After the team's practice Tuesday, the sophomore receiver — otherwise known as "Philly" — was kind enough to list the reasons why some don't expect the Buckeyes do be as dynamic offensively as they've been in the past.
"We lost (Terrelle Pryor), we lost Dane (Sanzenbacher), our leading receiver last year, DeVier Posey is out five games," Brown suggested. "We have all youth at the receiver position, so for people to be down, it's understandable."
The Buckeyes will be hard pressed enough to replace perhaps its most dynamic player from a year ago in Pryor, who left the program prematurely amid scandal before being selected by the Oakland Raiders in Monday's NFL supplemental draft.
But even with the loss of Pryor, the quarterback position may not be the one that outsiders are most concerned with, particularly with freshman phenom Braxton Miller competing for the position.
Instead it's the receivers that have the most questions to answer, who without Posey are just a youthful, yet talented, group that all share one individual trait — inexperience.
But within the wide receivers room there seems to be a general sense that everything will be fine. Even after Brown's admission of perceived weakness, he followed it with remarks promising Ohio State's receivers "will be ready."
For first-year wide receivers coach Stan Drayton, those words are meaningless. He too understands the apprehension around his unit and until there is a proven playmaker, Ohio State still has a blatant weakness at wideout.
"We have to show and prove," Drayton said. "We're not going to be about words. We're going to be about our actions and hopefully our actions will meet the expectations of what this program is all about. That's all I am concerned with."
With the onus on Drayton to find an instant playmaker to replace Posey for the first five weeks of the season while serving a suspension, Brown has taken the role as the team's No. 1 option thus far in fall camp.
Sporting the most experience of any receiver vying for playing time — he caught eight passes for 105 yards and a touchdown for Ohio State in 2010 as a freshman — Brown's immense speed makes him one of the team's most attractive options.
"I haven't had many, if any drops, this camp and I feel like all of the hard work is starting to pan out," Brown said. "I have been trying to take camp one day at a time and get better at all the little things.
"I want to be the receiver where on third down we can say they're going to me and they have confidence I am going to come down with the ball or be the go-to guy for this team."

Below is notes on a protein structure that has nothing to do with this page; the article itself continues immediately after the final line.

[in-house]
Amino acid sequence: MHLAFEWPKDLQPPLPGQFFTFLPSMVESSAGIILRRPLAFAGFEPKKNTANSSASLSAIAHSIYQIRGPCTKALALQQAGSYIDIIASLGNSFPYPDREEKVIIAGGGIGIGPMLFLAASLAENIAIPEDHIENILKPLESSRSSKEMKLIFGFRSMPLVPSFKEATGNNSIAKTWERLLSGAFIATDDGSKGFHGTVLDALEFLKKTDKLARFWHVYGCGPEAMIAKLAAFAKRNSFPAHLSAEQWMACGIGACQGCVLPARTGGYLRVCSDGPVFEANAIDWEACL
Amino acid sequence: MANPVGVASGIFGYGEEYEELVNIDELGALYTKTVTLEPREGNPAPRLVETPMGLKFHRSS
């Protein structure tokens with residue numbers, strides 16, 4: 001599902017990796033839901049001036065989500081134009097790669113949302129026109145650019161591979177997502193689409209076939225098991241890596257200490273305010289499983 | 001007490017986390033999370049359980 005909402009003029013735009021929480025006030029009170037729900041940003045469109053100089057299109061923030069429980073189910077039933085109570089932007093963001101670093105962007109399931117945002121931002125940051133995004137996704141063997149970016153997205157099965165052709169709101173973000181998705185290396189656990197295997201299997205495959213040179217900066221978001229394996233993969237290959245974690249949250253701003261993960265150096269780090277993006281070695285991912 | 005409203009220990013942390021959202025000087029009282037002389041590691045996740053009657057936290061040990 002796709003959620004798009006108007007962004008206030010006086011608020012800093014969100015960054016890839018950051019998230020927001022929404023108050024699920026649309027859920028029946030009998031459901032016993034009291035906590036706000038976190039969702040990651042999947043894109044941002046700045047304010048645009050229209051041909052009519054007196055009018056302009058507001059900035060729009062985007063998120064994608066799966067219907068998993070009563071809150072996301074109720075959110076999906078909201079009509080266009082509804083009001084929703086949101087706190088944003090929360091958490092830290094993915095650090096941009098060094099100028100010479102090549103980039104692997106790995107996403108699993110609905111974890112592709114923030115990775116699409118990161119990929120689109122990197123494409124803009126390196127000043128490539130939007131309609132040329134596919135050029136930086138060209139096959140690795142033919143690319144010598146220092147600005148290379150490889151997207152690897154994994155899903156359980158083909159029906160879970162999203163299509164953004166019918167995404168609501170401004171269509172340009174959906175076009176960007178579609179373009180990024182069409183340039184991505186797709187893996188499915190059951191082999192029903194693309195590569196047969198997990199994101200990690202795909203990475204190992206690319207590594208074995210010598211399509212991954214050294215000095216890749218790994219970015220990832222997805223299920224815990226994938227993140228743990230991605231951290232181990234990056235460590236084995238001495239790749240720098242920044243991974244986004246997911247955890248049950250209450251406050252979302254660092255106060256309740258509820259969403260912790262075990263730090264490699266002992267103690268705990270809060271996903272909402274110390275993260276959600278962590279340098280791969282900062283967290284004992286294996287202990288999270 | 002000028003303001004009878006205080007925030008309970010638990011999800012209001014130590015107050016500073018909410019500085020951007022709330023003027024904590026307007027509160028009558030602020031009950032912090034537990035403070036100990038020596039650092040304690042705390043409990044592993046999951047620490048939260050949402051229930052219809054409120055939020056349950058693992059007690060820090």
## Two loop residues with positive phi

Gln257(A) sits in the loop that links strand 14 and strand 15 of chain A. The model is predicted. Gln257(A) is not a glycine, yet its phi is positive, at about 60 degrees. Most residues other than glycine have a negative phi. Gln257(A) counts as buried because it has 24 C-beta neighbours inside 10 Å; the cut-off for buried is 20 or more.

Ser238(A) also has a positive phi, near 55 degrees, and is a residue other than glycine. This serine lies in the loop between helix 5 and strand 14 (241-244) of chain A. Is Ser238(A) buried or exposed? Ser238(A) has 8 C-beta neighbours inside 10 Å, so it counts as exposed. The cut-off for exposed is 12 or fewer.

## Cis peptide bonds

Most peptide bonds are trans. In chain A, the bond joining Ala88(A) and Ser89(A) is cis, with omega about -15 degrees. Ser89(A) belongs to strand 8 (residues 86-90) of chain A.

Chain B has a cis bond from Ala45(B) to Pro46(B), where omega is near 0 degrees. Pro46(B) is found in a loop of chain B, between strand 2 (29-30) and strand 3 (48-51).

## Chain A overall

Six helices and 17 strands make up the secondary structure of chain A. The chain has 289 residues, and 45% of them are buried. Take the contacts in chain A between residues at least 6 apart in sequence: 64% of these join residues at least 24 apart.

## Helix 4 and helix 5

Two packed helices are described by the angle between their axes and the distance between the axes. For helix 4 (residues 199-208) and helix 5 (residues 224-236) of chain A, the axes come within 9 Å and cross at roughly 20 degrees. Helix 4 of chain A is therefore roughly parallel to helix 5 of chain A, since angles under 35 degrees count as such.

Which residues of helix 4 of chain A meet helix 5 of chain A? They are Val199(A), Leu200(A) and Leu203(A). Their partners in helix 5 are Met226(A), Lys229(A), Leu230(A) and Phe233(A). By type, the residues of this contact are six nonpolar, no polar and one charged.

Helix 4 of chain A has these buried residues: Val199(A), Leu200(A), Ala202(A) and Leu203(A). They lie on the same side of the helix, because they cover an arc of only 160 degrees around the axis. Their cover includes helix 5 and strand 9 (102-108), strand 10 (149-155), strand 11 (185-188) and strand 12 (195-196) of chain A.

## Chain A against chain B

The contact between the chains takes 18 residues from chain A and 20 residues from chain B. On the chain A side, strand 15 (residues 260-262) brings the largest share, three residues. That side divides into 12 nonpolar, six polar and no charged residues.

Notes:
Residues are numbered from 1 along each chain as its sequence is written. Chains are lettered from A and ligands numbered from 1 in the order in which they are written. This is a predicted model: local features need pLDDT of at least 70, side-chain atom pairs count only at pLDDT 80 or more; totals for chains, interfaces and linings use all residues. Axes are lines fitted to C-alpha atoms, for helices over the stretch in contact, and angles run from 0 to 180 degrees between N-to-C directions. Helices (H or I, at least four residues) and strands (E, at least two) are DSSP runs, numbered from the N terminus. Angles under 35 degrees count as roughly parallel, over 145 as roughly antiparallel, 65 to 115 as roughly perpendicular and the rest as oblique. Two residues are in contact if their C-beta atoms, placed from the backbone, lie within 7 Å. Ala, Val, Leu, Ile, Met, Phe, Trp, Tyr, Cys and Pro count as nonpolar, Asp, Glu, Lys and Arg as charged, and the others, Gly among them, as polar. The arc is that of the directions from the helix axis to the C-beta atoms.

But likely with any youthful player, the Drayton and the staff are throwing competition at Brown in the case that he isn't ready to take on the responsibility as the Buckeyes' top target.
Also in the mix is converted wide receiver Verlon Reed, a redshirt freshman who joined the Buckeyes after enjoying success as a prep quarterback star at local Columbus Marion-Franklin High School.
Blessed with athleticism that wide receivers coach Drayton referred to as "natural," Reed has taken to wide receiver after spending all of last year learning the intricacies of the position.
Reed, who stormed onto the scene toward the end of spring football after his performance in the annual spring game, has spent all of fall taking repetitions alongside Brown with Ohio State's first team offense.
"Verlon Reed has been very steady," Drayton said. "He has some big play ability and we expect him to be that kind of a guy for us. We want to be able to give him the ball and make something happen after the catch for us as well."
Then of course there are the reserves — all of which seem to sport their own specific strengths. There's redshirt freshman T.Y. Williams, who 6-foot-5 and weighs nearly 230 pounds.
Chris Fields, who was often compared to Santonio Holmes early in his career, has also made strides to find the field as Ohio State's slot receiver. Fields hauled in a 58-yard touchdown pass in the Buckeyes' jersey scrimmage on Saturday.
And finally there are two freshmen in Devin Smith and Evan Spencer, both of which come to Ohio State in a year with opportunity to make instant impact. To Drayton's pleasure, both receivers seem well-equipped enough to provide support to the unit right away.
Though there's nothing but inexperience at Ohio State's wide receiver position, all the coaches — Drayton included — will speak on the vast athleticism the Buckeyes have to work with.
"I think that position has a chance to be deeper than it's been for years," said offensive coordinator Jim Bollman, who has been around incredible talents at the position during his decade with the program.
"Now they're all newer, younger guys, but they've all shown a lot of ability and a lot of potential. If they keep working like they've been working in this preseason camp I think they'll be OK."